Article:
Rebecca’s blog: Professional Diploma, November module


Home » Rebecca’s blog: Professional Diploma, November module

CAT’s November residential was intense; I feel I need to sleep for a week to absorb all that happened. Our first essays and practical reports were due in upon arrival at CAT, we stayed in the timber self-build again, and stayed up late adding final touches to presentations for the following day. On Tuesday, we each gave 10 minute marked presentations for feedback on presentation style, format and interim stage designs. It was great to see the range of approaches to affordable sustainable housing for the brief in Machynlleth. Duncan Roberts joined us for presentation feedback, tutorials and to give the architectural practice lecture.

With the MSc students we had four sets of lectures:

  • Ventilation and cooling systems, finishing with Ben Abel from Hilson Moran showing analysis and design of systems in high rise such as 30 St Mary’s Axe, the Gherkin, through digital environmental modelling visuals.
  • Water systems and services with a focus led by Judith Thornton on sewage, toilets, composting human manure and the technology to achieve this.
  • Moisture and condensation in buildings, especially in walls, and exploring the issues with retrofit insulation into cavities that were not designed to take the moisture build-up created by this.
  • Waste management policy and practice with Peter Wynn.

Friday was practical day; I took part in John’s Acoustical workshop inspired by results showing that the acoustical performance of green buildings is less satisfactory than in conventional buildings. Why is this? It is simply that it is a secondary concern to ‘green’ designers? Or is it a side effect of the material choice treatment within green homes? We used areas of the WISE building as case studies and split up to analyse reverberation and acoustical phenomena.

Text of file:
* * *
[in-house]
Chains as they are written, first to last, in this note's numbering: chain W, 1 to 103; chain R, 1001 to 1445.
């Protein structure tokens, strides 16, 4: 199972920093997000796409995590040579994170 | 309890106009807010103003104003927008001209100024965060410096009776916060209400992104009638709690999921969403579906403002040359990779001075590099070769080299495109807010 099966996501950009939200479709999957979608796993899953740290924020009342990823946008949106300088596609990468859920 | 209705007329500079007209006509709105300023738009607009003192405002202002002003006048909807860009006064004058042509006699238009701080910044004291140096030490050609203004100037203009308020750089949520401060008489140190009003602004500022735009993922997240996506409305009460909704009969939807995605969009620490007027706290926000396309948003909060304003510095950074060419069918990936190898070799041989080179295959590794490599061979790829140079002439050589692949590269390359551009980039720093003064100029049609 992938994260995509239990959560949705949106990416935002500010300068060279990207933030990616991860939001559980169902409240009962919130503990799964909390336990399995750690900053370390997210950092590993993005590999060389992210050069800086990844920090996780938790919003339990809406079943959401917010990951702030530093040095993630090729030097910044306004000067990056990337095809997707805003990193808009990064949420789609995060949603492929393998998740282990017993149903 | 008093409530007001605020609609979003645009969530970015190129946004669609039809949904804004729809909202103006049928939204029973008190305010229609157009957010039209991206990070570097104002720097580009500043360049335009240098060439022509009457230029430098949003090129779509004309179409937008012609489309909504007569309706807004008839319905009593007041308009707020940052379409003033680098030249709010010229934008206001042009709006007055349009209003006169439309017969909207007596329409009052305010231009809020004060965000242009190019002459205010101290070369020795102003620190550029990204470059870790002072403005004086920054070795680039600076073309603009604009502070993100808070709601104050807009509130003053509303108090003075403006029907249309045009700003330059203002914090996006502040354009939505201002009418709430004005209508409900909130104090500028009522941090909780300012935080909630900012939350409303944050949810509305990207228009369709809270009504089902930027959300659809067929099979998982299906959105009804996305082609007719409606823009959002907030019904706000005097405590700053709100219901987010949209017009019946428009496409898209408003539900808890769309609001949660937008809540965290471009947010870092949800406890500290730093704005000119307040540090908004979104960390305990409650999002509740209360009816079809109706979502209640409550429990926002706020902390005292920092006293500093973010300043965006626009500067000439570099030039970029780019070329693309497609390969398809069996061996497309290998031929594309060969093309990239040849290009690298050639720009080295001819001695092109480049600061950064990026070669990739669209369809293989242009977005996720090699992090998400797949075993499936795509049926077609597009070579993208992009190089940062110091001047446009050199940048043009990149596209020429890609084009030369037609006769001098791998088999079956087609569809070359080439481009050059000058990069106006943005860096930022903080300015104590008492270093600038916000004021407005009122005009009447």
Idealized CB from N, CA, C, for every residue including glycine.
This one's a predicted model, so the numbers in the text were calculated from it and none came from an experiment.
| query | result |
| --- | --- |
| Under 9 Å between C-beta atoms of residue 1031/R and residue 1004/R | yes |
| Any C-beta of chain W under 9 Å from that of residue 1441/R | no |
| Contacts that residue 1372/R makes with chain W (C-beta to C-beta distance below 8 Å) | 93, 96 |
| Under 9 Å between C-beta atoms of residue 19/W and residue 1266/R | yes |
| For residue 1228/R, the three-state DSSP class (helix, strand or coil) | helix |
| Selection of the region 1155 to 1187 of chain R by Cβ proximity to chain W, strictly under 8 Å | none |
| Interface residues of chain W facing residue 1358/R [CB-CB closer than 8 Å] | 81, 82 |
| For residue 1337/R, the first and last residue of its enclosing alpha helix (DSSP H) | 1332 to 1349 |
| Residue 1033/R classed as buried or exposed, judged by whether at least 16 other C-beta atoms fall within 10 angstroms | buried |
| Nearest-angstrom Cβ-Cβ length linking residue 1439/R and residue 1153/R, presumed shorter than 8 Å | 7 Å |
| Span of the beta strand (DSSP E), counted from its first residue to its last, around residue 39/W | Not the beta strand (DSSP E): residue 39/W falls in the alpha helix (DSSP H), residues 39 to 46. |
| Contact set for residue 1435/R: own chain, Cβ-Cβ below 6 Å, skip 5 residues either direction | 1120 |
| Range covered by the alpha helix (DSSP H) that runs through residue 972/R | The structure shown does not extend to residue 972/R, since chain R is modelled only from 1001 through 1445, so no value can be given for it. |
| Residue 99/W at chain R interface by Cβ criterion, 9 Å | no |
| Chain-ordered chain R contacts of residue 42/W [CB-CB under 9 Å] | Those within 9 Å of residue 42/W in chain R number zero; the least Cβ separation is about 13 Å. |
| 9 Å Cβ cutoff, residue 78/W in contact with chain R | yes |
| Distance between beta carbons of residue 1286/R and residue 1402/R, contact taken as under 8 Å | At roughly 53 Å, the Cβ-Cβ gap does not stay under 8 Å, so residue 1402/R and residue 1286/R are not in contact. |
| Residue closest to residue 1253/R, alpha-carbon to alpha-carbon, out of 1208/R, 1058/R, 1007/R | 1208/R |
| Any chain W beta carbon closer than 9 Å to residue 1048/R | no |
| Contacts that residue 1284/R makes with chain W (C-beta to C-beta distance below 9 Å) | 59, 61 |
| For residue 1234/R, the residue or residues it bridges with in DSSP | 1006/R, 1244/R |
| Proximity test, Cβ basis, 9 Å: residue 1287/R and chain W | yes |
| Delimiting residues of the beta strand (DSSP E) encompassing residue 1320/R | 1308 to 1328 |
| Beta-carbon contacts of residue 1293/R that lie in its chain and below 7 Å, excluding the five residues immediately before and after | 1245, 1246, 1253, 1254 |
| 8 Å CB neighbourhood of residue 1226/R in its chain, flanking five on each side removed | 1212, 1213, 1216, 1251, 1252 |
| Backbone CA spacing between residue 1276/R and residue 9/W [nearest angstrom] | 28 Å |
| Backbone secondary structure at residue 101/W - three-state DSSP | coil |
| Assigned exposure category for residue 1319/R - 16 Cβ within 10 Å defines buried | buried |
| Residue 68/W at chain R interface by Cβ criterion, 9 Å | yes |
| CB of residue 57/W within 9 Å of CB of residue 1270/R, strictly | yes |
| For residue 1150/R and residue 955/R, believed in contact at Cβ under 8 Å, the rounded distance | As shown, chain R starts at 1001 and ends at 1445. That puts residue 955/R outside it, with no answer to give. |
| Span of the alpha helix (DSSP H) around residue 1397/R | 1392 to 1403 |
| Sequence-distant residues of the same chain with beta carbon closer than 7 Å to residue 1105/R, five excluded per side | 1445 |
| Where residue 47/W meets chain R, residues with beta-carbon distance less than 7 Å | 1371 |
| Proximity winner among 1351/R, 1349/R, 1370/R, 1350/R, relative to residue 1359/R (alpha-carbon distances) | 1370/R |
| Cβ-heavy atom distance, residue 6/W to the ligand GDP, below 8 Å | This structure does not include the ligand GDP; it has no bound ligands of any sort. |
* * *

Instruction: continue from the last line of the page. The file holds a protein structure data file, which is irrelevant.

The surfaces of the Lecture theatre creates a large reverberation time, which is great for lectures when few people are speaking, however, the circular plan geometry causes focusing and ‘blind spots’ in sound resulting in difficulty with debates/discussions. Diffusion surfaces would help this but may detract from the unique acoustics of the theatre that make it a special place.

We also investigated the restaurant extension where we eat. Other groups had previously recorded extremely high decibel levels during meal times, experienced by having to shout across tables to hold conversations and not hearing words from anyone a few seats away, just noise. The room is clad in timber as throughout the building and has a large glass fronting that opens up to the courtyard. Digital acoustical analysis showed a long reverberation time and standing waves set up. The reflective surfaces, slanted ceiling and linear plan geometry meant single source sound travels to the opposite end of the room and is heard there as illegible echo or background noise, also creating a lack of conversational privacy when the room is relatively empty. Absorption may improve the situation, but solutions should keep to the style, aesthetic principles and the green credentials of the building.

Each week we also choose a structured seminar, I took part in modelling heat and moisture transfer in buildings, looking particularly at areas of condensation risk in various wall sections on a programme called WUFI. Taylor Roark at CAT is organising the sustainability zone at London Green Fair 2012 which a number of the Prof Dip students are going getting involved with, we had a lunch time meeting to discuss ideas and got the ball rolling. http://www.londongreenfair.org/

On Saturday night, Christmas came to CAT. We arrived to Christmas Dinner, the tables set out long ways with candles – Hogwarts style. In groups we had prepared mini musical pantomimes – another good excuse for the tutors to dress in drag. The lobby space outside the lecture theatre was set up with a stage area and curtains, all us prof dip students joined together to perform ‘The sound of Greece nativity’ before dancing into the early hours.

There is a lot of work to be done this winter, January brings the final presentations of the housing project, lots of drawing, CAD and model making to do in addition to researching and drafting the next essays and reports. During this week we have become a lot closer as a group despite our usual geographical separation, 6 weeks until we are back, time is sure going quickly – next time in Wales we will only have one year left.